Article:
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Macroeconomic Volatilities and the Labor Market: First Results from the Euro Experiment

  • Christian Merkl
  • Tom Schmitz

This paper analyzes the effects of different labor market institutions on inflation and output volatility. The eurozone offers an unprecedented experiment for this exercise: since 1999, no national monetary policies have been implemented that could account for volatility differences across member states, but labor market characteristics have remained very diverse. We use a New Keynesian model with unemployment to predict the effects of different labor market institutions on macroeconomic volatilities. In our subsequent empirical estimations, we find that higher labor turnover costs have a statistically significant negative effect on output volatility, while replacement rates have a positive effect, both of which are in line with theory. Real wage rigidities do not seem to play much of a role. This result is in line with our employed labor market model, but stands in stark contrast to the search and matching model. While labor market institutions have a large effect on output volatility, they do not seem to have much of an effect on inflation volatility. Our estimations indicate that the latter is driven instead to a certain extent by differences in government spending volatility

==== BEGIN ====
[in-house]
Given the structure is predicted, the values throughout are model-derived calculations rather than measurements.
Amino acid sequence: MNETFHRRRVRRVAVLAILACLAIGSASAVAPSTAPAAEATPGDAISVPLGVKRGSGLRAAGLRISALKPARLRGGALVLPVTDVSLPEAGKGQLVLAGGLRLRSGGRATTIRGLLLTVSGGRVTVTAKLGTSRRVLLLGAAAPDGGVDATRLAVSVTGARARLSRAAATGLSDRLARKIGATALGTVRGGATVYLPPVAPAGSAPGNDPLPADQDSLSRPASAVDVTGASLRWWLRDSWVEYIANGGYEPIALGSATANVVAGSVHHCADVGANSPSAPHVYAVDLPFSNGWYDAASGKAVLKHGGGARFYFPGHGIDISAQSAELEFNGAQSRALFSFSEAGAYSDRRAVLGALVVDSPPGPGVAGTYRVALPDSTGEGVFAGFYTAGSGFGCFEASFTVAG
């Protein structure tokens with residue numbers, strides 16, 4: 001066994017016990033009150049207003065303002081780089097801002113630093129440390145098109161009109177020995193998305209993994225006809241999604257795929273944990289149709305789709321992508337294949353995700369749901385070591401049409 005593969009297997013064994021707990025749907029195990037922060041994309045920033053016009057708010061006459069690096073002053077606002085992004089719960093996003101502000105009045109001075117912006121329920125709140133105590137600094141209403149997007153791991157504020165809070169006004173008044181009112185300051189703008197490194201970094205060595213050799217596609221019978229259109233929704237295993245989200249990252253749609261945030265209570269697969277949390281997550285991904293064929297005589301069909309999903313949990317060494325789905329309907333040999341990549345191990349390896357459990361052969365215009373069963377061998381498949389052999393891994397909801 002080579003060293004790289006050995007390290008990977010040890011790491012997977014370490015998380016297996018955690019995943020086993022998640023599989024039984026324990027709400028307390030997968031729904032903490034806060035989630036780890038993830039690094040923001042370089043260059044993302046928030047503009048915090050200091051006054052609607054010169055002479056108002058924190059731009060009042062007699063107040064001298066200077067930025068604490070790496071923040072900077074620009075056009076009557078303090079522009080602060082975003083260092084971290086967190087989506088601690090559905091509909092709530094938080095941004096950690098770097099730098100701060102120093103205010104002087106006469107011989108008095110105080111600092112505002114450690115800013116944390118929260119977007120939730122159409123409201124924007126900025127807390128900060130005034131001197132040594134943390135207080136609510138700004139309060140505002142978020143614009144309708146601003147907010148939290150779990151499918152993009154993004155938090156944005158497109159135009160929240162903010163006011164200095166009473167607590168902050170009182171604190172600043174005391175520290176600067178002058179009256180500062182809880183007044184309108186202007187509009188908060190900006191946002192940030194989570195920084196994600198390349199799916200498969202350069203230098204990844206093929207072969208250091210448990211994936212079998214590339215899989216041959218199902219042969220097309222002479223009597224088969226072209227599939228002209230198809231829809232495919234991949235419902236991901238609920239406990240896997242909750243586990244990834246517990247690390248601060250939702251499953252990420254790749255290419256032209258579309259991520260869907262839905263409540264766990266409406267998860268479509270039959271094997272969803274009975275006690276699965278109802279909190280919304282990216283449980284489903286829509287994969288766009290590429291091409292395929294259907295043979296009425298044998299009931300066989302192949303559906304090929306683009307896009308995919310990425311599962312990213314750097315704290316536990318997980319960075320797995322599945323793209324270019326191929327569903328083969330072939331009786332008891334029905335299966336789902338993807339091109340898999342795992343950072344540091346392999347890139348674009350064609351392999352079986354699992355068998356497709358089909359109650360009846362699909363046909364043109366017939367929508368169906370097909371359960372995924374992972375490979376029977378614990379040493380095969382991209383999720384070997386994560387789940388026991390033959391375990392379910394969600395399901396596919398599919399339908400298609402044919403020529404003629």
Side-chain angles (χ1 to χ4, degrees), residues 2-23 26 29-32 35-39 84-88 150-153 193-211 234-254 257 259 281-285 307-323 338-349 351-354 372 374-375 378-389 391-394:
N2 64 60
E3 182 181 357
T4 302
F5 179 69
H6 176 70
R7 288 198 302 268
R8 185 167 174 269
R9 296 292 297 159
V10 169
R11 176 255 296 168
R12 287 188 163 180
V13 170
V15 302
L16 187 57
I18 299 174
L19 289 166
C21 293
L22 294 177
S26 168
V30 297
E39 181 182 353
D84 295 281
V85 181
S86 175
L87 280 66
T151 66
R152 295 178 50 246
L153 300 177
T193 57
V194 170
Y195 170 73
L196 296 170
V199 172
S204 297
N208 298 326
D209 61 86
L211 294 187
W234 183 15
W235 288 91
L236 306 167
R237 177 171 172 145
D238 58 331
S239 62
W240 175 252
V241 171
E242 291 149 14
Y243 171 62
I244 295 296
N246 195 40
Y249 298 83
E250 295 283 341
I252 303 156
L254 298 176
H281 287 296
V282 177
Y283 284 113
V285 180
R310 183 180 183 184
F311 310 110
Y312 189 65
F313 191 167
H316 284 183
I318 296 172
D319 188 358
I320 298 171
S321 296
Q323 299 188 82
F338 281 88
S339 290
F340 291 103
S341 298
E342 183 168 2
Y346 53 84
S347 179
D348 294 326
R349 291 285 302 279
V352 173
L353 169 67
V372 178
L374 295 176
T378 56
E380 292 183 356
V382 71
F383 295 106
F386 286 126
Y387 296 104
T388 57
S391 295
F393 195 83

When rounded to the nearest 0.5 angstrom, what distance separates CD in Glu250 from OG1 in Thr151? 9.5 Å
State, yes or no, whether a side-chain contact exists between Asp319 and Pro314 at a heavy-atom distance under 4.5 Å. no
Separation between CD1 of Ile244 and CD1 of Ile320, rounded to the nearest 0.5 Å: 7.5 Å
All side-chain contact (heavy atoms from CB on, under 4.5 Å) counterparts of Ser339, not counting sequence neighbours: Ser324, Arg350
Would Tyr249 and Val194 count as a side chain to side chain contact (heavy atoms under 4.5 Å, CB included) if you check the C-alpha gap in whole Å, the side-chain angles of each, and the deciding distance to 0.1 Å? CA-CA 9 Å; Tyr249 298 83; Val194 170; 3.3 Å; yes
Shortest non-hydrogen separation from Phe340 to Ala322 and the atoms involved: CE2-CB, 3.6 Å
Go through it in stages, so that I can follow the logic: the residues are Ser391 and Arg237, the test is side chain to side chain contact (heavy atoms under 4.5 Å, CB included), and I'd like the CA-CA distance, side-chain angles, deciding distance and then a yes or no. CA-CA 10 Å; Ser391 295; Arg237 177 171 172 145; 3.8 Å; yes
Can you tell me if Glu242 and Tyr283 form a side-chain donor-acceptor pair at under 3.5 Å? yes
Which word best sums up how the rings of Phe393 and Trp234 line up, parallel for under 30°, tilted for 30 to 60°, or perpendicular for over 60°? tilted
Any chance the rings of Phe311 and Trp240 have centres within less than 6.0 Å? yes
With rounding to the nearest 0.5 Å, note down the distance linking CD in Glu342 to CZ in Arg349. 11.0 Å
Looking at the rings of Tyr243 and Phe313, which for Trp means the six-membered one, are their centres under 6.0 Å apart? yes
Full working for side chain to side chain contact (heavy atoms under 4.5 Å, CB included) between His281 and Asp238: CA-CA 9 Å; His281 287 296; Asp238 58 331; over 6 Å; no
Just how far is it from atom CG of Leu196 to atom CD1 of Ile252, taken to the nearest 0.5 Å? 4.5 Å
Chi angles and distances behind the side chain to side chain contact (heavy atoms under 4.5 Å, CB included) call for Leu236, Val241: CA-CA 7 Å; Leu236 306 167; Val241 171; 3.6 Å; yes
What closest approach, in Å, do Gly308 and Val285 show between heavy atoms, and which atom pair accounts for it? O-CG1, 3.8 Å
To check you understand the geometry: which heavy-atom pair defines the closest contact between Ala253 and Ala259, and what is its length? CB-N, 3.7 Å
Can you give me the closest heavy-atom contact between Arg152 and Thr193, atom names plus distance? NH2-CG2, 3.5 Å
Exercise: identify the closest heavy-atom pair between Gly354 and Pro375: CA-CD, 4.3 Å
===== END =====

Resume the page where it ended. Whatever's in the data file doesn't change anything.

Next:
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Paper provided by Kiel Institute for the World Economy in its series Kiel Working Papers with number 1511.

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Length: 24 pages
Date of creation: Apr 2009
Date of revision:
Handle: RePEc:kie:kieliw:1511
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